Because It Is The Spring

Shall I be glad because the year is young?
The shy, swift-coming green is on the trees;
The jonquil's passion to the wind is flung;
I catch the Mayflower's breath upon the breeze.

The birds, aware that mating-time has come,
Swell their plumed, tuneful throats with love and glee;
The streams, beneath the winter's thraldom dumb,
Set free at last, run singing to the sea.

Shall I be glad because the year is young?
Nay; you yourself were young that other year:
Though sad and low the tender songs you sung,
My fond heart heard them, and stood still to hear.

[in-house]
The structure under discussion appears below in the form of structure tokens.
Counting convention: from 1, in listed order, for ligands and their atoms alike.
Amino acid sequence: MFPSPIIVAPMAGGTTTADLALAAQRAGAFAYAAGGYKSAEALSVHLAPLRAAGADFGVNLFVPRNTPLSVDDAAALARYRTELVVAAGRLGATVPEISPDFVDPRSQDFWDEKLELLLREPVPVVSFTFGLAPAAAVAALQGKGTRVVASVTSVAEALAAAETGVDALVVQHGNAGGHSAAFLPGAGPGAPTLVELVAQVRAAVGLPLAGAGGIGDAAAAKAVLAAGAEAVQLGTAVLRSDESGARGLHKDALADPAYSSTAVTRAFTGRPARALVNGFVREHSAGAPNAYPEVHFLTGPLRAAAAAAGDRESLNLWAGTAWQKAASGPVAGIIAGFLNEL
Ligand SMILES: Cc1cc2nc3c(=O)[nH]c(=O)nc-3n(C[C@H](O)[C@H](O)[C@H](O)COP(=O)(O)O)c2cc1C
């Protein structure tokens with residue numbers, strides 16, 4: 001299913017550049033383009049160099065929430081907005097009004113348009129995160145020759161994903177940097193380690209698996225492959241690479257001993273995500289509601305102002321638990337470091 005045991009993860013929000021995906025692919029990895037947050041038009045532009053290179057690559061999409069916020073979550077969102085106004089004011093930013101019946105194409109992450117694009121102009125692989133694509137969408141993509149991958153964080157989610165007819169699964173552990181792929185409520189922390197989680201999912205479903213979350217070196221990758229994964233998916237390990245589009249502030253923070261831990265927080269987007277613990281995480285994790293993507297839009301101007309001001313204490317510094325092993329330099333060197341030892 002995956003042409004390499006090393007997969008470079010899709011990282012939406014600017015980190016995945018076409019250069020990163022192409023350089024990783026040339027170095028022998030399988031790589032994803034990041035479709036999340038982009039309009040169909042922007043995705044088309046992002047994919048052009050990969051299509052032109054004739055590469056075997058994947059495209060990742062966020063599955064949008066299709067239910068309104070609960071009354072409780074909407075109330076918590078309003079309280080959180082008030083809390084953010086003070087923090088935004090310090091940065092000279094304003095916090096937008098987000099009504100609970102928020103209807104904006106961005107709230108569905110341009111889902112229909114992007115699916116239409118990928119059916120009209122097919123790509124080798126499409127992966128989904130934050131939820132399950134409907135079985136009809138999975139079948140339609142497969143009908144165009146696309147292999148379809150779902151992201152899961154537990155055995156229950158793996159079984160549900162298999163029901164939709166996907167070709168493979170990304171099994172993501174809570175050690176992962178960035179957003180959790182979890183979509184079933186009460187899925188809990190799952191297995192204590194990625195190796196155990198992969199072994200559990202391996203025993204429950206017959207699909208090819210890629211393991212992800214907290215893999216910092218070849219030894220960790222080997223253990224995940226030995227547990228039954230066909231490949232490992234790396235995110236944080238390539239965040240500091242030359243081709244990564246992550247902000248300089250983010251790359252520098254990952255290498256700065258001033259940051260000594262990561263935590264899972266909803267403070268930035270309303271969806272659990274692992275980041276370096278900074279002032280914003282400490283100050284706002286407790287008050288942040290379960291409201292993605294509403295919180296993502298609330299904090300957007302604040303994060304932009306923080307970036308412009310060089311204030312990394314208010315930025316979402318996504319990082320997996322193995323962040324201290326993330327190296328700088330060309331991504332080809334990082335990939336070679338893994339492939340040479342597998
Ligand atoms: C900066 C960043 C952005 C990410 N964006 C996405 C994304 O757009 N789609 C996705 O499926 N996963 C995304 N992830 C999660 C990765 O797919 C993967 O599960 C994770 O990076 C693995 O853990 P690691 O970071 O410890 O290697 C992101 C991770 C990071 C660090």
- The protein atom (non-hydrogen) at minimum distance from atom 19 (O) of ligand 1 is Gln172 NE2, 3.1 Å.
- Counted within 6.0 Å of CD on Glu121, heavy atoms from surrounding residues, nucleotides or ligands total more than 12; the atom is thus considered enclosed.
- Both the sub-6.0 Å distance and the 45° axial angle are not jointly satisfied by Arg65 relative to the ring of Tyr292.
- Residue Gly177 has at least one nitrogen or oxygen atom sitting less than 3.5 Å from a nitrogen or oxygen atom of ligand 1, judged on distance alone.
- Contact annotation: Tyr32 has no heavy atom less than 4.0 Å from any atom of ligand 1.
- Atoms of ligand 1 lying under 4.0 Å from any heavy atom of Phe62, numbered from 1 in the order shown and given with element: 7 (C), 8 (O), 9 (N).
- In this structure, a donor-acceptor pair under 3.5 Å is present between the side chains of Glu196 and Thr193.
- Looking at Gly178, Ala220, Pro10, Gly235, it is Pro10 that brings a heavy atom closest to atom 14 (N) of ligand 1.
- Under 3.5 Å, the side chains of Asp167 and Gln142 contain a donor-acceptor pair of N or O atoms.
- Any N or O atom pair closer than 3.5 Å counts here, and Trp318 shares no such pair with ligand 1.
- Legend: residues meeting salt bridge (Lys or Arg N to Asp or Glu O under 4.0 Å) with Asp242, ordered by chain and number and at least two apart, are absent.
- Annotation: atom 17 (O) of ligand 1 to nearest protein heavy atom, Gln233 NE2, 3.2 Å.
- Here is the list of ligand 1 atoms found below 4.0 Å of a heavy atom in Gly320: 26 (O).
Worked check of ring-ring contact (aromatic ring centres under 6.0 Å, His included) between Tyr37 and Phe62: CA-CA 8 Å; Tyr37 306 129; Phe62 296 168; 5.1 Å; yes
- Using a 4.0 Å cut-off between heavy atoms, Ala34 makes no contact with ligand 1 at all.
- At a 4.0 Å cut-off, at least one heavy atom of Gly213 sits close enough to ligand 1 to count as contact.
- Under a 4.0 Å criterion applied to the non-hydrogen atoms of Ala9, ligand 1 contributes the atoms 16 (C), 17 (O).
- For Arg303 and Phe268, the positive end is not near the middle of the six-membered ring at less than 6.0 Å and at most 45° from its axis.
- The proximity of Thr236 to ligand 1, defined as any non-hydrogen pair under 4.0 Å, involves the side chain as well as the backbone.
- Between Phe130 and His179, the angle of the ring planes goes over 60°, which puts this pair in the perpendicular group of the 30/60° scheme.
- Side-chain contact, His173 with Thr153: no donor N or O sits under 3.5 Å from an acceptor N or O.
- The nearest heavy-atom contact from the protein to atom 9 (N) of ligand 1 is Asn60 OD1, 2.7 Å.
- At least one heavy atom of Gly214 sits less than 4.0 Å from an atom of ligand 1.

Can I forget the day you said good-by,
And robbed the world and me for alien spheres?
Do I not know, when wild winds sob and die,
Your voice is on them, sadder than my tears?

You come to tell me heaven itself is cold, —
The world was warm from which you fled away, —
And moon and stars and sun are very old —
And you? — oh, you were young in last year's May:

Now you, who were the very heart of spring,
Are old, and share the secrets of the skies;
But I lack something that no year will bring,
Since May no longer greets me with your eyes.
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